The Database is the heart of your WordPress installation. Simply backing up and restoring all your files via FTP is not enough – it only contains the actual WordPress “programme” if you will, your plugins and themes, and all your uploaded media files (like pictures). It does NOT however contain your posts, links and some of the configuration data. That’s where the MySQL Database comes into play.

Backing up your database is as important as backing up all other data on your server, and I’m afraid to say that if your server develops a fault, you’ve got nobody else but yourself to blame.

Having said that, here’s a plugin that will do all the hard work for your, if you (want to) know about databases or not:

Un-zip the contents, copy it into your /wp-plugins/directory, activate the plugin and off you go. You can even schedule your backups on a daily basis and have them emailed to you for safe keeping.

Once you’ve done this, do somethign nice for yourself. Once you’ve done that, please familiarise yourself with how to RESTORE your database:

Let me leave you with this thought:

Backup often – you won’t regret it!

How to restore your database?

The Database is the heart of your WordPress installation. Simply backing up and restoring all your files via FTP is not enough – it only contains the actual WordPress “programme” if you will, your plugins and themes, and all your uploaded media files (like pictures). It does NOT however contain your posts, links and some of the configuration data. That’s where the MySQL Database comes into play.

For any of these articles to make sense, you need to be familiar and have access to phpMyAdmin. Your hosting provider will gladly help you our there.

If you have a fairly small database (up to 5MB), have a look at this:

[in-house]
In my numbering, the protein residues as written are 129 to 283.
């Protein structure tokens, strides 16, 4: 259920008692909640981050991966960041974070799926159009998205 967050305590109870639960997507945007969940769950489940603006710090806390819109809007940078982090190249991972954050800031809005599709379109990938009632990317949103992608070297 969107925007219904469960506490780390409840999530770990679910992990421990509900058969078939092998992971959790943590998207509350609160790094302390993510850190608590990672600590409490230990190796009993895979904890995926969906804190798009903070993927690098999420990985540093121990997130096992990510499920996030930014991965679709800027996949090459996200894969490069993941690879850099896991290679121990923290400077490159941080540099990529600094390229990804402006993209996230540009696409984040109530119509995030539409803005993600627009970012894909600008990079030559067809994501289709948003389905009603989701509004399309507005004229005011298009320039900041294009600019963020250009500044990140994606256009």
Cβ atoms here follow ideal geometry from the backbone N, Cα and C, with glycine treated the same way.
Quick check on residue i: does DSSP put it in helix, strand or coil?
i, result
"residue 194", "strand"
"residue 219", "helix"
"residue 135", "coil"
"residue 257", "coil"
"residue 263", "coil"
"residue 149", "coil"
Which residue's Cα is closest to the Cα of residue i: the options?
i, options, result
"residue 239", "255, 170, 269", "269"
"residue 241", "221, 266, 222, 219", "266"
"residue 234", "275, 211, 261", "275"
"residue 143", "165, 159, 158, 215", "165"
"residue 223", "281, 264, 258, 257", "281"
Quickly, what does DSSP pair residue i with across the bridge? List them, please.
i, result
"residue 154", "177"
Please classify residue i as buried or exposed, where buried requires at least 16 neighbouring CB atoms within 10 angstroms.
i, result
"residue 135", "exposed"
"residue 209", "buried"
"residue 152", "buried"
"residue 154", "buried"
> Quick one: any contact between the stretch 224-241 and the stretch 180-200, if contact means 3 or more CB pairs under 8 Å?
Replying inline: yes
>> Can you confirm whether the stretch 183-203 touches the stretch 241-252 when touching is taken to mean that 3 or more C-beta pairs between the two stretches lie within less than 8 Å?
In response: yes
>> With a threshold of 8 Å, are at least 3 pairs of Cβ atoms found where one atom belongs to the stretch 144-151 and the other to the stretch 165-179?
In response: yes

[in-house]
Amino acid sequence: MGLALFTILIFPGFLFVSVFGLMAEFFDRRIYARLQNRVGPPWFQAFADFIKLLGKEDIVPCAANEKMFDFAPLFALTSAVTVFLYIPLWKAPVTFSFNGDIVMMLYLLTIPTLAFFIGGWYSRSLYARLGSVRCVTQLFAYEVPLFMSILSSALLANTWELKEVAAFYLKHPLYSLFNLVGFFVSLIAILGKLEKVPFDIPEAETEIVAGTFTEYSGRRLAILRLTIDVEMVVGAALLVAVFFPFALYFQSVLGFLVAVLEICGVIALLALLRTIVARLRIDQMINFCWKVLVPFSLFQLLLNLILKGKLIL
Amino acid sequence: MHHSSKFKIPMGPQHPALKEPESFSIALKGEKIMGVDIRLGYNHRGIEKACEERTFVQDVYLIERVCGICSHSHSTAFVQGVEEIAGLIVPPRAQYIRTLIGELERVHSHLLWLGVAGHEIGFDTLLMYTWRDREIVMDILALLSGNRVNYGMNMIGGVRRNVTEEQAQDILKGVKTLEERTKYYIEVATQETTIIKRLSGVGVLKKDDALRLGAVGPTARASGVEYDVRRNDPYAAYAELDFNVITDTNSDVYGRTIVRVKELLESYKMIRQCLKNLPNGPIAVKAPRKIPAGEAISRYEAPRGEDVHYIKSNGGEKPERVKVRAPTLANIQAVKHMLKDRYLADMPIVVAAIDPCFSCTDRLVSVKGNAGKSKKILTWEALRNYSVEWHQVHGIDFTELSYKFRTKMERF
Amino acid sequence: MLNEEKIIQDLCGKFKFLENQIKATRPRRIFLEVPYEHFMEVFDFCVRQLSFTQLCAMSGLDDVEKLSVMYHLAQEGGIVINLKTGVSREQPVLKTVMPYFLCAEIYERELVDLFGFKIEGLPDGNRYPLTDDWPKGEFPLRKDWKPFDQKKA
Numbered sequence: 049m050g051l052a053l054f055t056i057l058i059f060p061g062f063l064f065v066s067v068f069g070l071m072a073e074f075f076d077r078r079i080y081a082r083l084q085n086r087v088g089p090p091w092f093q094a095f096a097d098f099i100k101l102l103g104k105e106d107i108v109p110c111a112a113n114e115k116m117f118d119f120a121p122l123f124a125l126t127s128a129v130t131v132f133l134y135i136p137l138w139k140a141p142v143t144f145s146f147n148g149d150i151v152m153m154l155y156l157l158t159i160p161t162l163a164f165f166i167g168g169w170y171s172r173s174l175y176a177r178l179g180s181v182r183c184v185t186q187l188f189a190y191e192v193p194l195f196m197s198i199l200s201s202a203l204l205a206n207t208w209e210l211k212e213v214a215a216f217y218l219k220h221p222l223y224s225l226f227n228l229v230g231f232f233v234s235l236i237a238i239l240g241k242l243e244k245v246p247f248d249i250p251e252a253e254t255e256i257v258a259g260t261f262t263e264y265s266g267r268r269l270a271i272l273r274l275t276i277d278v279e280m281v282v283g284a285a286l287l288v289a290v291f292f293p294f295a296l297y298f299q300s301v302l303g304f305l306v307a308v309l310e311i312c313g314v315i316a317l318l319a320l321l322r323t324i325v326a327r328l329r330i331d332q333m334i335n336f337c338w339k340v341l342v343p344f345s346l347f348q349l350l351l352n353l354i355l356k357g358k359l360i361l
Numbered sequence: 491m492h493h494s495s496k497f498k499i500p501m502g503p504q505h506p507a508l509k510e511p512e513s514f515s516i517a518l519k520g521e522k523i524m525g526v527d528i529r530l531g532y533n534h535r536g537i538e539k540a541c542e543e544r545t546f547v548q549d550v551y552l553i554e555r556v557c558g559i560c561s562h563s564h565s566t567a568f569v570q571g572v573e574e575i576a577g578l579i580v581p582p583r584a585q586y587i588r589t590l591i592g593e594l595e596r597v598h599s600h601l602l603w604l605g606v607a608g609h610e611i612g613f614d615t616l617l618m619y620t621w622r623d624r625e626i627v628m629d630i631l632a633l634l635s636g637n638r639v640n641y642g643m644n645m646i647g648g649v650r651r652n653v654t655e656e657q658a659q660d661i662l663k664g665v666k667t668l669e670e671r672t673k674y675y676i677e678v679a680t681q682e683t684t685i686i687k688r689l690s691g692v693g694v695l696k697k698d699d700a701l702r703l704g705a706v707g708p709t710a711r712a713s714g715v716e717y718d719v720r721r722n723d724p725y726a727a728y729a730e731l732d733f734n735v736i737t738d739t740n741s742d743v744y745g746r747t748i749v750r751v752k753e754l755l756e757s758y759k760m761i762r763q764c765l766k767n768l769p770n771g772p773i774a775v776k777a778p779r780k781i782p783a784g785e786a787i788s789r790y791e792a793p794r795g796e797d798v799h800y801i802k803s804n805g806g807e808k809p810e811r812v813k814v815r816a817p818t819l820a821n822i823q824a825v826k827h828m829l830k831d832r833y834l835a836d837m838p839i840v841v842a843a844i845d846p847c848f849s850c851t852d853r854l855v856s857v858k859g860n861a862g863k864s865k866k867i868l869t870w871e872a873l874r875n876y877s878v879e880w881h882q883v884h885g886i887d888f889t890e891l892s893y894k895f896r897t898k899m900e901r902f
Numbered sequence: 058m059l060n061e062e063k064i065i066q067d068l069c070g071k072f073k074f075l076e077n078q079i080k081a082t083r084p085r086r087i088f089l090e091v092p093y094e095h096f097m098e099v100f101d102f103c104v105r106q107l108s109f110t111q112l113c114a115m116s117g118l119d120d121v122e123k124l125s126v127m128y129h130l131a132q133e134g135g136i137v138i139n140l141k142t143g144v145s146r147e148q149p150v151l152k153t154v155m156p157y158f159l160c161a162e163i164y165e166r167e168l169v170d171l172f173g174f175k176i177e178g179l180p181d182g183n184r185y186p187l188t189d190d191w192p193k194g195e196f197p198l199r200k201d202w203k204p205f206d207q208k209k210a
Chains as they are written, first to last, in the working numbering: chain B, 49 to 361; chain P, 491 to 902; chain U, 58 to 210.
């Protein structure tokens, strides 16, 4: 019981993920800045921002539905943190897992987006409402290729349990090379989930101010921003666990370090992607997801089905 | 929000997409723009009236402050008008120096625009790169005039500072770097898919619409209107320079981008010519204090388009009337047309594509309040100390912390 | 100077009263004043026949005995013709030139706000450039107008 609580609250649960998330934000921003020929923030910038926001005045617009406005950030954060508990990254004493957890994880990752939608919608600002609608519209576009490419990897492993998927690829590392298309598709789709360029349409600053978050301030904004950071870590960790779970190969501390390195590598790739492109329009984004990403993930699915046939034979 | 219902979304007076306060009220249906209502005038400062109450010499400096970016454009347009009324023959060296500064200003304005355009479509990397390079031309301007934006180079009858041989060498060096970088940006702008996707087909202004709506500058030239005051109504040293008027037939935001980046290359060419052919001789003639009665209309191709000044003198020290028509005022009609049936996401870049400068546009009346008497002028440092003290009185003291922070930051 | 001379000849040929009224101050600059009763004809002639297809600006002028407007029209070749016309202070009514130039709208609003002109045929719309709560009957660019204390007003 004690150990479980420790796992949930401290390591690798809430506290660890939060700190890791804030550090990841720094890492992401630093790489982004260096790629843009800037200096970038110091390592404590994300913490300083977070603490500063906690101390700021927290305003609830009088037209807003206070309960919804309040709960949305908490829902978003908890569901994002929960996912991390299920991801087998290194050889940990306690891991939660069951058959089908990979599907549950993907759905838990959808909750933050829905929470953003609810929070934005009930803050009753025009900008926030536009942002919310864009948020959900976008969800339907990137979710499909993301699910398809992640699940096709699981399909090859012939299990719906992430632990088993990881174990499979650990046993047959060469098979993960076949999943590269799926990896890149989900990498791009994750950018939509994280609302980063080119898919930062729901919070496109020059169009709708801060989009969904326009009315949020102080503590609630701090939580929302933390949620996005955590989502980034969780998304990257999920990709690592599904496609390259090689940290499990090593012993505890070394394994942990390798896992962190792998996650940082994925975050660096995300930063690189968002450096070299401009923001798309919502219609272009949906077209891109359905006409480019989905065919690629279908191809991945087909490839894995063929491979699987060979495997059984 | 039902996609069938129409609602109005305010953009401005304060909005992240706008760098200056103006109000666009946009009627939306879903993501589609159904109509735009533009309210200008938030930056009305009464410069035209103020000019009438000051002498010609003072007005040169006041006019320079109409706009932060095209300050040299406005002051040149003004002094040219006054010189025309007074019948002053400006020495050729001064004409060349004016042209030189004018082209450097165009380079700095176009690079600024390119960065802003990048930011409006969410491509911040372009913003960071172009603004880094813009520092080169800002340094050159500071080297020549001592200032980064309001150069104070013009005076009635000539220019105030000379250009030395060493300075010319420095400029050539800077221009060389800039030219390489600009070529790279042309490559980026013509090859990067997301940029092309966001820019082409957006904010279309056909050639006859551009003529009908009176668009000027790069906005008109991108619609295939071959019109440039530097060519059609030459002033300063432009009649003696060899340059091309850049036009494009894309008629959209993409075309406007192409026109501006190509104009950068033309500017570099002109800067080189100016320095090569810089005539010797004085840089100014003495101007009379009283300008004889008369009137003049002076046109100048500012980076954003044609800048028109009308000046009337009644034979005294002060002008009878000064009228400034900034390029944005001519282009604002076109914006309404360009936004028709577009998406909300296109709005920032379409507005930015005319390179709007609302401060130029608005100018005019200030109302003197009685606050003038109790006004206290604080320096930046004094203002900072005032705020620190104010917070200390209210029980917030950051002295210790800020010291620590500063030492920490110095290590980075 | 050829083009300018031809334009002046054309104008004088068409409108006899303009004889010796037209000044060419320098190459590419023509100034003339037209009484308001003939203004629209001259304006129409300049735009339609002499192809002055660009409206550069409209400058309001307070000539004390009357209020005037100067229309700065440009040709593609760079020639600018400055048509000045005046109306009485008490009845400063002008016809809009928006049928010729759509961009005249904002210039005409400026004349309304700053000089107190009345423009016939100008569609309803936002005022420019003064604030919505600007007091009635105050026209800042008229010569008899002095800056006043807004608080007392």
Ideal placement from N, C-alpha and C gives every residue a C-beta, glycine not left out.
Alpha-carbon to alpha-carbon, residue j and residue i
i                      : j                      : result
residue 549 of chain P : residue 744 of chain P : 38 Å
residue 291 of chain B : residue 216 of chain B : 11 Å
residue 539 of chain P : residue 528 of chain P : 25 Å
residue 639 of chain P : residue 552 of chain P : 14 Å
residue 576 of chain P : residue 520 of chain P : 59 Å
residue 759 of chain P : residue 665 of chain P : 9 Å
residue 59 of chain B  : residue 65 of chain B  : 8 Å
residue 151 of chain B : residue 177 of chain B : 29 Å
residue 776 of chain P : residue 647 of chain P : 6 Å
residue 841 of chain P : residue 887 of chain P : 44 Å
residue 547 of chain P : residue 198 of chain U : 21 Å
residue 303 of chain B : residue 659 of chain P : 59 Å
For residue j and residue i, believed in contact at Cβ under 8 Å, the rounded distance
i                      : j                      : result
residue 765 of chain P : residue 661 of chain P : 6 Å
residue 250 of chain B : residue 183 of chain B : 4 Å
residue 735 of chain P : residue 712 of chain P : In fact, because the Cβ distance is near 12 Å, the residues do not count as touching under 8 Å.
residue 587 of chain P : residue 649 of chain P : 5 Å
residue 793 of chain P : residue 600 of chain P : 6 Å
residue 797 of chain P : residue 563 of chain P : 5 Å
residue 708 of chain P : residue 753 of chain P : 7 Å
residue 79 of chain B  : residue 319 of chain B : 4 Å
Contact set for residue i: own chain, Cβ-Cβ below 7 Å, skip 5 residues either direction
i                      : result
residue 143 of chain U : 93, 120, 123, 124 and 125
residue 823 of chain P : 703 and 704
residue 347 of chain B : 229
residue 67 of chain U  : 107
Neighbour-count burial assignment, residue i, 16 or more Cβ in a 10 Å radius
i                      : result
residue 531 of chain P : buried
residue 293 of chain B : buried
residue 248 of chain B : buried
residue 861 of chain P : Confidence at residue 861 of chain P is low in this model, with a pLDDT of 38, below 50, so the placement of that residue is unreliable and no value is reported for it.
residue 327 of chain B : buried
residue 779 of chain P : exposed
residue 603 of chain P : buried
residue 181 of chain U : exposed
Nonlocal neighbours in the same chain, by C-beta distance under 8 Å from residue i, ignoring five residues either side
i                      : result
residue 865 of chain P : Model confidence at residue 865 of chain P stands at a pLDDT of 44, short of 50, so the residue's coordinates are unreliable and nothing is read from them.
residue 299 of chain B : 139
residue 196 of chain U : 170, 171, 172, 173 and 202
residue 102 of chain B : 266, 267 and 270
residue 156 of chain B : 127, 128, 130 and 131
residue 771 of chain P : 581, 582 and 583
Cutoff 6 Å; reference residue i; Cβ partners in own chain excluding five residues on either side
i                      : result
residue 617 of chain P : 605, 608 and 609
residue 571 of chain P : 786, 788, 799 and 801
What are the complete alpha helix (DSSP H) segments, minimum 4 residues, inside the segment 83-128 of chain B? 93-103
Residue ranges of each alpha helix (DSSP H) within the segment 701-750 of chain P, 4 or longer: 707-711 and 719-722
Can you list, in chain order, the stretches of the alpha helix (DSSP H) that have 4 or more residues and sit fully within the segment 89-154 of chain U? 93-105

If you database is significantly larger, you need other means of uploading and importing it. I reccomend the sue of a PHP script, as detailed here:

One sure PHP Script is BigDump:

Obviously, before a RESTORE actually works, you would have had to BACKUP your database (naturally). Perhaps you would like to check out this article to find out how to do this:

http://wordpress-guru.co.uk/archives/how-to-restore-your-databasehow-to-backup-your-database/

How to add a NEW THEME to your site

One of the most amazing things about WordPress is that you can select a completely new layout for your site at the touch of a button. It’s just as easy to upload a new theme to your library – try it out for yourself.

Here’s what you do:

  • download and un-zip your theme, so you end up with (usually) a folder of the theme’s name
  • use an FTP client (like Filezilla) to access your webspace
  • find a directory called wp-content/themes
  • upload your entire un-zipped folder into this folder
  • log into your WordPress Site (usually at www.example.com/wp-admin)
  • navigate to APPEARANCE – THEMES
  • find your theme and activate it